Asking Fidayeen for car keys & laptop bag

  • Naseer Ahmad
  • Publish Date: May 3 2016 11:04AM
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  • Updated Date: May 3 2016 11:45AM
Asking Fidayeen for car keys & laptop bag

Employees at EDI talk about their run-ins with militants before the three day encounter began

Even in the worst kind of adversity only a Kashmiri can think of survival. Imagine you are caught in a fierce encounter. Your life is at threat and you are looking for car keys and mobile phones and you are asking Fidayeen that you have to get car keys.   
This happened after three militants, who carried out attack on paramilitary Centre Reserve Police Force (CRPF) on February 21, entered sprawling main building of Entrepreneur Development Institute (EDI).  That time over 100 employees and students were in the building.   
 One of the employees Abdul Rouf Khan, a trainer in the EDI, loves to talk about the incident now. 
 He says when he opened the door of his room he saw a militant with weapons. The militant, he said, told them to drop their mobile phones and vacate the building. Khan with his other colleagues moved out from the room as directed by the militant. But in the middle of the second floor he realized that he has dropped his mobile phone at his table. 
“I went back to my room to get mobile. I thought when my mother will hear about the encounter and would call me she would die if there will be no response from my phone. That is why I went back,” he said. He said the militant didn’t tell him anything. “I don’t know whether he saw me taking my mobile phone or not,” he said.
 One of the employees Ashfaq Ahmad was also in second floor. 
 “I had left my laptop bag in my room. I had my driving licenses, car keys, laptop in it. So I told the militant that I had to get the bag as car keys are in it,” he said. Ashfaq goes back to his room in the third flood to take his bag.
 After leaving the main building the employees rushed toward another building of the EDI called Jehlum. The Jehlum is at the backside of the main building. All the employees assembled there. The Special Operation Group (SOG) of Jammu and Kashmir Police evacuated them. 
 “We were reluctant to move into the SOG vehicles as we thought we would be caught in cross-firing. But after police assured us that the vehicles are bullet proof and we jumped in,” said another employee.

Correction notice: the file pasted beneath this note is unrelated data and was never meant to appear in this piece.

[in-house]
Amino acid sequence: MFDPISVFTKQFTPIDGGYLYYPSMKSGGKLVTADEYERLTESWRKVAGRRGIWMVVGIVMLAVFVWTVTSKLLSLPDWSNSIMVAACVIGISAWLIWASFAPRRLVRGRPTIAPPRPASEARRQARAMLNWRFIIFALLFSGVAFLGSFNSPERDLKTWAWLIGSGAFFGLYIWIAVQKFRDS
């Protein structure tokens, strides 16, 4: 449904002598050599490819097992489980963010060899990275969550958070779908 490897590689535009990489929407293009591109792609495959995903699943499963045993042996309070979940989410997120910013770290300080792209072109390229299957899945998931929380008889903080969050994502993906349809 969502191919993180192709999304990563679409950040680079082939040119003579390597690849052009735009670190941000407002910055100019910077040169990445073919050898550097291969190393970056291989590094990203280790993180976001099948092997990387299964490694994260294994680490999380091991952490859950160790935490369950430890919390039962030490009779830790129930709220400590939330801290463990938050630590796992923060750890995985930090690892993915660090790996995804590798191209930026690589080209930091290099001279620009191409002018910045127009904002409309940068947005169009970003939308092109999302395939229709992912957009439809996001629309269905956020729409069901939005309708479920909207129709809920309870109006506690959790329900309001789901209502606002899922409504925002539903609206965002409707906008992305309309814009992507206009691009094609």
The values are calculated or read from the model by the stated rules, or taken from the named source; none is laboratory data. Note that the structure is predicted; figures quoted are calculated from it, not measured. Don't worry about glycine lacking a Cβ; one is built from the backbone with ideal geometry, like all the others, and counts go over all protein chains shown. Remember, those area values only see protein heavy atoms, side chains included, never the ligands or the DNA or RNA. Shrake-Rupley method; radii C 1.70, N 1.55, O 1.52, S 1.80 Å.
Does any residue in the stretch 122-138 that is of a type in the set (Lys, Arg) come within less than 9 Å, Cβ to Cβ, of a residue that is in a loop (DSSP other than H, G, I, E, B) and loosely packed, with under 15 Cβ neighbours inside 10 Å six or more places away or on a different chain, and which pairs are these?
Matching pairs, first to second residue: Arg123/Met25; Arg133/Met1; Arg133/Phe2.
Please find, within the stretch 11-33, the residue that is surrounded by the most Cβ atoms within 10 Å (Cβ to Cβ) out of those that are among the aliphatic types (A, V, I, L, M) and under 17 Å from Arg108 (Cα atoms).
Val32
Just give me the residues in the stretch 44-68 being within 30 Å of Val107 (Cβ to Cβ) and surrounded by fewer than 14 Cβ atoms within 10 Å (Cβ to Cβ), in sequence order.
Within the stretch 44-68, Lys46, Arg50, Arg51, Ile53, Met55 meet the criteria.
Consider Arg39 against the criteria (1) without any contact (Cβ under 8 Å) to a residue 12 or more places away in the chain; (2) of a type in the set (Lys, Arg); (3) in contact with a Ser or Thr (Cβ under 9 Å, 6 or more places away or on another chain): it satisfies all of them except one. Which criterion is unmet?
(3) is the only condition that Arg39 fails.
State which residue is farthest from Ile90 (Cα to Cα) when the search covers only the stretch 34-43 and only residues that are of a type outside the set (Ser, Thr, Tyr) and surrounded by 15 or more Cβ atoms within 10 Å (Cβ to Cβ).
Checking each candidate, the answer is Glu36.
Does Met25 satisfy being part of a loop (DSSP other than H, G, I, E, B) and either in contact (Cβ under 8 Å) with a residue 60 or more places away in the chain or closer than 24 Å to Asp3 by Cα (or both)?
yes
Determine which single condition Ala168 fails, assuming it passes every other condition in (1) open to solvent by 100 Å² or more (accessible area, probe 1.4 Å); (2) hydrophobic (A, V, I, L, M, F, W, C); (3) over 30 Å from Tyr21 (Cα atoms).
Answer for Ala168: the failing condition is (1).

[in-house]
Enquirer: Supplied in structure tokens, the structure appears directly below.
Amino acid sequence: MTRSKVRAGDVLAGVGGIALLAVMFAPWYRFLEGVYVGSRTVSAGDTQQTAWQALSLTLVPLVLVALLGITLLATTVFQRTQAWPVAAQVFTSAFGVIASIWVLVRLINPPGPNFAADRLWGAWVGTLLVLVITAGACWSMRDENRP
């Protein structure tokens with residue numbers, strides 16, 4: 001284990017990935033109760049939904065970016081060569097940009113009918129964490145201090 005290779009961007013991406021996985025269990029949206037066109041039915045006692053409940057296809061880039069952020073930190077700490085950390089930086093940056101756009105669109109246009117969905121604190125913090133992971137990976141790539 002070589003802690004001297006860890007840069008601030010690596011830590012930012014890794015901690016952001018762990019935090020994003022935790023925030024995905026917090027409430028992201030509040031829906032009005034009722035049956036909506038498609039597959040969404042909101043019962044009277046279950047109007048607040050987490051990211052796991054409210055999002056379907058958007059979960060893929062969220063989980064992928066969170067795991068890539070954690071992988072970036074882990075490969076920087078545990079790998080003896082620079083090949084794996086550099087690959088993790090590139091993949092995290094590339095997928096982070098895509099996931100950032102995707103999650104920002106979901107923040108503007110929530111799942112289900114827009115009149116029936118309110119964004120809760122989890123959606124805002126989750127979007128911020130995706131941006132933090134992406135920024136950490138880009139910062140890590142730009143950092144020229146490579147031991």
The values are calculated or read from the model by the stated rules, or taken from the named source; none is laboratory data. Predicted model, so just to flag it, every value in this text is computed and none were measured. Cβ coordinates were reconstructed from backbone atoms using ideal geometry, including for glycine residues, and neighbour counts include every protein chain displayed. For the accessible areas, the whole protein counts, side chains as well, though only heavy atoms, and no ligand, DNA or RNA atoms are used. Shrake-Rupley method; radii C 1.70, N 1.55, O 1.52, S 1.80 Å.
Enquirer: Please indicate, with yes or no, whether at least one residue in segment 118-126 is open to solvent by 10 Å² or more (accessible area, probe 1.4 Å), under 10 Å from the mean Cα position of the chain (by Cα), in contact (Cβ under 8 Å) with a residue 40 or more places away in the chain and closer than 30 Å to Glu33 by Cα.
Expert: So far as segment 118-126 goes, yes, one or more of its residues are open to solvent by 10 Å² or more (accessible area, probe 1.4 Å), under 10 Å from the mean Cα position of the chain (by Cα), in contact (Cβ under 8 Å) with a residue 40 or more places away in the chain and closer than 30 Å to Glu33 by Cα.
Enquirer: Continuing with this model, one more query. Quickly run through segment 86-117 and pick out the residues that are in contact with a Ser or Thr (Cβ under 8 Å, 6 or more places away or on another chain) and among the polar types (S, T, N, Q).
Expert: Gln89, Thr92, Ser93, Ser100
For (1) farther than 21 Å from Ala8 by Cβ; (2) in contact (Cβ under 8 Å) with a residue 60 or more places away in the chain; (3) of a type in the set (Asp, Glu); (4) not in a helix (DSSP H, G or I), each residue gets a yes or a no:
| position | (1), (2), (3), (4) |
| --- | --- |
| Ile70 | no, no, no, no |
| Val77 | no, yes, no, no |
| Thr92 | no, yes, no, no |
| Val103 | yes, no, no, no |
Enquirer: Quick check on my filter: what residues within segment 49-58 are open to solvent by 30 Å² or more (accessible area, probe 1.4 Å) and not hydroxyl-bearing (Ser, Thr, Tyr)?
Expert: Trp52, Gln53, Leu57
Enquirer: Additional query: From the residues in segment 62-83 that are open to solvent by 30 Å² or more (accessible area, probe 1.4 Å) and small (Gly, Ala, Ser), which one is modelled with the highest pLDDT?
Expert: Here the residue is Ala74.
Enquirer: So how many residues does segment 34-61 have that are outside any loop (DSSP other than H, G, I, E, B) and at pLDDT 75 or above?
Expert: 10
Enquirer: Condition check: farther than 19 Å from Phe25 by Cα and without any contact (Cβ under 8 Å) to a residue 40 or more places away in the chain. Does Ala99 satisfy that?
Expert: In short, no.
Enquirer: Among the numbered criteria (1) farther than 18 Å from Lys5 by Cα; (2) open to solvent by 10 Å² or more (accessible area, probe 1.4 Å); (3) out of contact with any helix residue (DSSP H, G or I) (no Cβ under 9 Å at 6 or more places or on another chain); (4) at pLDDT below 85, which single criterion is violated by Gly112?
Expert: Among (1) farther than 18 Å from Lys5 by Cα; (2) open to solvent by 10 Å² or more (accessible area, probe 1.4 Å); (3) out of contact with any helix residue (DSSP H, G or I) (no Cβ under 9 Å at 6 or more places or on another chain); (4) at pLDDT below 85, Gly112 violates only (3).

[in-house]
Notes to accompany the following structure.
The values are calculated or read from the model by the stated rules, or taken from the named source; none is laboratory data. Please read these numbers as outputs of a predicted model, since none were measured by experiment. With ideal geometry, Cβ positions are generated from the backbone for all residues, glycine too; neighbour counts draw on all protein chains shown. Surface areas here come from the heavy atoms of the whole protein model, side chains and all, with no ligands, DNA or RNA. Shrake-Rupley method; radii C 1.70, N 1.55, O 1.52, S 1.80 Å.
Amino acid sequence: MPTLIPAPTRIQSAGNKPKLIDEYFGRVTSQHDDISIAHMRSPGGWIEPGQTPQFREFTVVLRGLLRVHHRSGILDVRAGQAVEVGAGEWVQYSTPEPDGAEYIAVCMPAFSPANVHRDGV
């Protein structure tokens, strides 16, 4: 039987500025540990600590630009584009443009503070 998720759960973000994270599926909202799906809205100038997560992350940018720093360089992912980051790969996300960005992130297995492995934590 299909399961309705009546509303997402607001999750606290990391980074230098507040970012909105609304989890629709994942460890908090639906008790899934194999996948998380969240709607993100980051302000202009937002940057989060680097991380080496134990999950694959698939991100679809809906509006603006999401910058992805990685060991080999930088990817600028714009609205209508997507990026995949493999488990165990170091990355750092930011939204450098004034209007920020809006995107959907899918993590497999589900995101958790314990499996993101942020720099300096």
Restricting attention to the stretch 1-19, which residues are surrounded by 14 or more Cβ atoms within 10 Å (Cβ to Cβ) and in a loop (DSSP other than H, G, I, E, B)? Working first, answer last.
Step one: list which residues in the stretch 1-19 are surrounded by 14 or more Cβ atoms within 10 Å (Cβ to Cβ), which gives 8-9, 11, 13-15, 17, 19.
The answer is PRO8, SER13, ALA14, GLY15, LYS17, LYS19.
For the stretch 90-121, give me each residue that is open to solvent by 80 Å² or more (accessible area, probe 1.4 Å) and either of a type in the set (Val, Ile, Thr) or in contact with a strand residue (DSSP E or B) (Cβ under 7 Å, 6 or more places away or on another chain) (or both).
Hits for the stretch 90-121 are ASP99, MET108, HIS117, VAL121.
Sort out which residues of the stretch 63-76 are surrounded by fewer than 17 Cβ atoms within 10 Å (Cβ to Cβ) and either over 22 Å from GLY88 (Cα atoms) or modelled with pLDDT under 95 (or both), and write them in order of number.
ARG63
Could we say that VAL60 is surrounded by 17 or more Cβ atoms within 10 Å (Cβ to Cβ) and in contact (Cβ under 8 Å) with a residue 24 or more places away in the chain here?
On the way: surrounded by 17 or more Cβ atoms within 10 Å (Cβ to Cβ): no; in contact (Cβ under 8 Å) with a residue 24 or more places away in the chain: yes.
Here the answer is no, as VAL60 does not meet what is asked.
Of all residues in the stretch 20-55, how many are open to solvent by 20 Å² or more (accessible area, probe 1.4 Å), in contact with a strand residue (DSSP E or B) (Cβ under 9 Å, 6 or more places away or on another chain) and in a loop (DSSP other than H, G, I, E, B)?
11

Four days after the encounter at the EDI, the authorities had closed down the institute for outsiders. A sentry at the gate would tell everyone that they have the direction not to allow anyone inside.
 Inside the campus a contractor had started initial work around the main building damaged in the three day long encounter in which nine people including five security force personnel, a civilian and three militants were killed.
 The EDI contractor had erected tin sheets on the outer wall of the building facing towards Srinagar-Jammu highway to hide the structure as commuters would stop to take pictures of the structure with their mobile phones. Some would even take selfies leaving the sentry at the gate puzzled as to why people were doing it. 
Inside the campus the work was on to build a tin-sheet wall around the building so that no one enters it as threat of unexploded left over explosives remains.
 On top floor of the structure smoke was still billowing in some rooms as some employees were trying to see the damage. Each wall and each room of the building has signs of thousands of bullet marks it received during 48 hour long encounter. On each side of third and top floor of the building there are huge holes as scores of grenades were thrown towards the building during the encounter. The top floor of the building has been gutted completely. After the bomb disposal squad cleared the building for assessment of insurance, the insurance officials were moving from room to room to assess the damage.
 Outside the Jhelum building of the EDI, employees of the institute were congratulating each other for being alive.
 A woman employee who had dropped her phone in the room said internet of her phone was used. “I confirmed it that my internet was used till 7: 30 p.m.  I have lost everything. My identity cards, driving licenses and mobile phone,” she told her colleagues as they were putting all details on papers to report losses and missing things to the police.